They sure were. And they sure brought their appetites. Food lines remained long; you wonder if it’s going to take some time for the Giants to get their food act together. But no one was complaining. And no one was wearing a mask (except for Giants employees). Unlike other parts of town, it seems that the ballpark gives people COVID confidence, for better or worse.
As I sat there, looking out on to a field that holds so many memories for a lot of us, my mind wandered off to the joyous era that started back in 2010. As a sports editor and columnist, I covered some of the biggest moments in Giants history. Scutaro in the rain. Bumgarner marching out of the bullpen in Kansas City. Romo shutting the door in Detroit. Lincecum’s Cy Youngs. Buster’s arrival and ascendance. Pandas and Giraffes and Steve Perry serenading us during big playoff games.
Some of those same folks are still around. Brandon Crawford is having one of the best seasons of his career. Buster is back, as my colleague Chris Haft wrote for The Examiner, but sat out the first two games of series with lower back tightness. There’s also a ton of new blood, many of whom may not be familiar to the crowds that returned to Third and King over the weekend.
That’s OK. Nobody knew who Cody Ross was, either. And look how that turned out.
This Giants team has the earmarks of some of those magical Bruce Bochy teams. But it’s early, and we’ll see.
“I love the new regime,” said Pizante. “I like that (Giants GM Farhan) Zaidi is quick with the trigger. If it isn’t working, he brings in someone else. He tries something different. The regime is different, but the DNA on the field is the same. Kind of unknown names playing together as a team. Good pitching. It’s very similar to ‘10 and ‘12. Those were not big-name teams. Those were just guys playing together.”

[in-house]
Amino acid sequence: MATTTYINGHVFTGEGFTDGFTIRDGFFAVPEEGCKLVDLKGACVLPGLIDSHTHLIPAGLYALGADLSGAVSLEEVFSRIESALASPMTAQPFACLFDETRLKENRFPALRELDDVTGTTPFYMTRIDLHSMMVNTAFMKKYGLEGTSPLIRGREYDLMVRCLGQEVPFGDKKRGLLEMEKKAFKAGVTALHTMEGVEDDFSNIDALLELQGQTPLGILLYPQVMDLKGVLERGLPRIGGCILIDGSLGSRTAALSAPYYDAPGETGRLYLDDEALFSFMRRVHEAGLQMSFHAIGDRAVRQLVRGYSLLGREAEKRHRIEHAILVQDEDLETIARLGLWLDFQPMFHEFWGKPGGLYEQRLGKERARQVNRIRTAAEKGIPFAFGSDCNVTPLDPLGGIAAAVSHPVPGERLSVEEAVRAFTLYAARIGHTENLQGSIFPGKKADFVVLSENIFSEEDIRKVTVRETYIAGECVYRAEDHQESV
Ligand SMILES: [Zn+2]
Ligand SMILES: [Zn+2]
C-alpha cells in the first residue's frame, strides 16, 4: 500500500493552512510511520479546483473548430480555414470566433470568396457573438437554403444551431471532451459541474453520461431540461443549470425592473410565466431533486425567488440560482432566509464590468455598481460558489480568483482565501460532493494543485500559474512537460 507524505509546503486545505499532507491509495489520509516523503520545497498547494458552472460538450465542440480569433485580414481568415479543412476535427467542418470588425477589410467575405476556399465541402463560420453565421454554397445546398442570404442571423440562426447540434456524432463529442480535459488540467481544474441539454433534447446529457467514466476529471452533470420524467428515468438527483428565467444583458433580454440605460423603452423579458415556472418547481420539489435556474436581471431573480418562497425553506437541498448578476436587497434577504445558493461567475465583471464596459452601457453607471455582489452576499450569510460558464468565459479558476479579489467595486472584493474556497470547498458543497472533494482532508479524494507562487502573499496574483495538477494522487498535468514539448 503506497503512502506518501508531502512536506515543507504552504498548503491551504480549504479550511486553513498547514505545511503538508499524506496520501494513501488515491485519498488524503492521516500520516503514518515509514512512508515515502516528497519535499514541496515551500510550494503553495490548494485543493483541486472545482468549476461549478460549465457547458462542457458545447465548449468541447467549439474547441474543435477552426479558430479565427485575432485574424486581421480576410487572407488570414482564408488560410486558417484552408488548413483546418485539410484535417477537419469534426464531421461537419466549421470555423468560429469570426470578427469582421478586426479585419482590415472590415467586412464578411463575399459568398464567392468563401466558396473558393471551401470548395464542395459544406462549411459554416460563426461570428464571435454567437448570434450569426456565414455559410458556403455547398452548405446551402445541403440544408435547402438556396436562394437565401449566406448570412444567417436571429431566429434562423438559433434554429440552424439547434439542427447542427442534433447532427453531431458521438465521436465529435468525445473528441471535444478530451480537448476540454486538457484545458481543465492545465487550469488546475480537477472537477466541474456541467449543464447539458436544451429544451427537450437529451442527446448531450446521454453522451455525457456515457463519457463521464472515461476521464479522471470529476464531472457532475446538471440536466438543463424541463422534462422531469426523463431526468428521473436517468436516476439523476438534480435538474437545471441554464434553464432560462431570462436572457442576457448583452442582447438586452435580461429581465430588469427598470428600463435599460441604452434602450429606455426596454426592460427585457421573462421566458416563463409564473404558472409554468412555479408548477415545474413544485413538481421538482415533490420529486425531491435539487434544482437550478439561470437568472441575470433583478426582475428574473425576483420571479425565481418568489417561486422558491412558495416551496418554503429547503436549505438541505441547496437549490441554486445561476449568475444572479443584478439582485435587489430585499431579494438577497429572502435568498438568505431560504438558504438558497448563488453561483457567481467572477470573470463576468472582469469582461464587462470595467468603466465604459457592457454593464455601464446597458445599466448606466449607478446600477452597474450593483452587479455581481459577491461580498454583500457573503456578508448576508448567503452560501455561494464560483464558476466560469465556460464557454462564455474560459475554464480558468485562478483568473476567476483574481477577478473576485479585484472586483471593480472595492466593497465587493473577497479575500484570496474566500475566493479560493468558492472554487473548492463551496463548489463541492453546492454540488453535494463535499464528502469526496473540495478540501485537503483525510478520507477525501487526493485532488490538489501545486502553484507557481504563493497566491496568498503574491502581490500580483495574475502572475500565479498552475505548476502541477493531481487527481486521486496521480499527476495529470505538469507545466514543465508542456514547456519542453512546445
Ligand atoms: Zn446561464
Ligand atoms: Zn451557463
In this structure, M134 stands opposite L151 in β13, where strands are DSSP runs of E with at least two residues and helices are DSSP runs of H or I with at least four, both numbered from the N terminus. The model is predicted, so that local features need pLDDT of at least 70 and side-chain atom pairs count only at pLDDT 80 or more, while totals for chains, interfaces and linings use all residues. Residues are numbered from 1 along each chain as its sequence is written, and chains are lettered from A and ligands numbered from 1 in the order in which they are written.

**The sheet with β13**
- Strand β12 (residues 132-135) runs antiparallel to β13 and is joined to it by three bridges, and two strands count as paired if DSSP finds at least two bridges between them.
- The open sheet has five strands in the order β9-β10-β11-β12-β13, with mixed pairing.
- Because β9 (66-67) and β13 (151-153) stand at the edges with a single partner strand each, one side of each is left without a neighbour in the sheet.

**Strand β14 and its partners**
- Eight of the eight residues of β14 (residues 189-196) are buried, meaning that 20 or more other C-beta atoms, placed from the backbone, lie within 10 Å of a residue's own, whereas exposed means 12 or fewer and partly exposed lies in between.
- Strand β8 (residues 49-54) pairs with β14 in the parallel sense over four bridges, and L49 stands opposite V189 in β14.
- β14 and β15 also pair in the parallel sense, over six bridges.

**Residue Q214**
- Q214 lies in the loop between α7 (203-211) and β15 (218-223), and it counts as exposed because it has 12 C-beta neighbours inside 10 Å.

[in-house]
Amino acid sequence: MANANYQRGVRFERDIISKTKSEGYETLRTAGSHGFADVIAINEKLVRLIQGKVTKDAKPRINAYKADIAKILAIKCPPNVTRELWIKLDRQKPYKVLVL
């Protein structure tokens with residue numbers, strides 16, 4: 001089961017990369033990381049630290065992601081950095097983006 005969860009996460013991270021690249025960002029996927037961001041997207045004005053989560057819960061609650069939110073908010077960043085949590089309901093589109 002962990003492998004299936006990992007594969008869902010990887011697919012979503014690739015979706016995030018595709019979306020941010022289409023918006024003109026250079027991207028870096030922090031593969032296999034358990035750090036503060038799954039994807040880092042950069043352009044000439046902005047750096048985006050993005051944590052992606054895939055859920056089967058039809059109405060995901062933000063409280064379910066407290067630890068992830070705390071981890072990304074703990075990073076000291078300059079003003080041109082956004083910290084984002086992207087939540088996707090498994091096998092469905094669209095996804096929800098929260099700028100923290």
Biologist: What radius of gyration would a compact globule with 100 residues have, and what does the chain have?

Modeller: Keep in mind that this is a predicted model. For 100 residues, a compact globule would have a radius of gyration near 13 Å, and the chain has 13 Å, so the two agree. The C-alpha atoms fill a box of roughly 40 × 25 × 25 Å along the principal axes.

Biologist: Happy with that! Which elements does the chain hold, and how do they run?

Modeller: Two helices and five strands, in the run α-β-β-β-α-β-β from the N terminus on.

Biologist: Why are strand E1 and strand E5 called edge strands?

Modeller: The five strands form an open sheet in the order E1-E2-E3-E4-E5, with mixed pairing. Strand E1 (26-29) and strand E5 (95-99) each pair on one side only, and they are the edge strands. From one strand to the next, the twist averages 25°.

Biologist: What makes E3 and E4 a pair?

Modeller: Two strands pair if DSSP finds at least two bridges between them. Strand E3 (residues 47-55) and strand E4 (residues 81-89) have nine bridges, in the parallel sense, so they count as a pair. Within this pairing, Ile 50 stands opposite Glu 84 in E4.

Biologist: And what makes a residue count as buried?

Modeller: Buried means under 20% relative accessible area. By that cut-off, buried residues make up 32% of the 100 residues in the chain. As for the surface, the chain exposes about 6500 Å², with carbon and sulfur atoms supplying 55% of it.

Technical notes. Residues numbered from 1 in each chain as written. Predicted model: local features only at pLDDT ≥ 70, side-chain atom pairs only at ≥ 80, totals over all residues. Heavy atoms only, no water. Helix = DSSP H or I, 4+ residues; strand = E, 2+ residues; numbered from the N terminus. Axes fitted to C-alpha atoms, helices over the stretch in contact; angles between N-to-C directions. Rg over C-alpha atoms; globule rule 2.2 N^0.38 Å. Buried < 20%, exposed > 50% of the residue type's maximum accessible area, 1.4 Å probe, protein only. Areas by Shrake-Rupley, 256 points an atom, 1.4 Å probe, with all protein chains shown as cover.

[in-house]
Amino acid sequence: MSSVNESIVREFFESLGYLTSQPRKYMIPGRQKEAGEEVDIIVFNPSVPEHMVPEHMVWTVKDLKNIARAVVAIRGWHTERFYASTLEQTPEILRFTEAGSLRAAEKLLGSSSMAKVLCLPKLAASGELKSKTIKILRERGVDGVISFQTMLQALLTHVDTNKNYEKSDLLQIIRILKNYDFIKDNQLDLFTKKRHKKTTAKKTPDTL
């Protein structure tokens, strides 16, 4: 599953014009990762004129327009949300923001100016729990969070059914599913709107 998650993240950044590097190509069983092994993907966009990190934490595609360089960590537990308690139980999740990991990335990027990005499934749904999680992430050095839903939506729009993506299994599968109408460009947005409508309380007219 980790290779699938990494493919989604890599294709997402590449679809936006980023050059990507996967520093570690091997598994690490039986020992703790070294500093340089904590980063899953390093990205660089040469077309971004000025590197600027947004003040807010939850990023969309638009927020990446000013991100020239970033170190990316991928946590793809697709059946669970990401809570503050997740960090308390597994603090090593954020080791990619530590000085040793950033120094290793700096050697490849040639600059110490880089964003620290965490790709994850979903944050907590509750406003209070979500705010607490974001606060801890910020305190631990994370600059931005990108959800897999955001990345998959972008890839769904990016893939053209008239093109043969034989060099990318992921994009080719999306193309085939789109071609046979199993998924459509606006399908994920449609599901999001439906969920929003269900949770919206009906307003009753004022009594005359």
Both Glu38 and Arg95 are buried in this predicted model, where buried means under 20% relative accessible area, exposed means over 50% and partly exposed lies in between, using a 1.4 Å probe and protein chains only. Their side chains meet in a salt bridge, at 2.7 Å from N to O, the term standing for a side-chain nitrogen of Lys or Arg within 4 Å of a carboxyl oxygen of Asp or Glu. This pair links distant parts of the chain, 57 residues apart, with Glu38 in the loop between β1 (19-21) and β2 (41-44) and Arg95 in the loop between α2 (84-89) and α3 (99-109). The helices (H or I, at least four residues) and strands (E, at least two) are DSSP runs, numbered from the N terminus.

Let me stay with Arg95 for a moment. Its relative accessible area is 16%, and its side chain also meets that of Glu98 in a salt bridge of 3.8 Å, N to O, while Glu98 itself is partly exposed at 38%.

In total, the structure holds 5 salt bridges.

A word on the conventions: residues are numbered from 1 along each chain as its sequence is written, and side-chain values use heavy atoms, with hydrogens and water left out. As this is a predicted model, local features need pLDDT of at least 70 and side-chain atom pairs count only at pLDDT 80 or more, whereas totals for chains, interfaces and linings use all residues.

Pretty good analysis there. Maybe these Giants do have some pixie dust on their jerseys. Saturday night was their first walk-off this season. Something tells me there will be more.
I bid my new friends goodbye and started making my way down the ramp when I heard the crack of the bat. Lamonte Wade Jr. had just homered to give the Giants a lead. You’d think they’d won the World Series. A pent-up roar went out that filled the air, even as wisps of fog slithered over the right field upper deck. It was so San Francisco, it tasted like chowder.
I turned and smiled to myself, thinking of all the good times, past and present. Standing in front of me were two more guys, one in A’s garb the other in Orange and Black. Turns out they were buddies, too.
“I think it’s going to be another Bay Bridge Series this year. And we’re going to go 2-0,” said Daniel Terrill, of Martinez, sporting a Yonder Alonso jersey.
His friend, Pittsburgh’s Richard Porrras, countered with fan logic: “I love my Giants. We won three in five years, and A’s fans can’t say that.”
The A’s, of course, won three straight championships back in the 1970s, but who’s counting?
This was a weekend for seeing old friends and rekindling our love of baseball.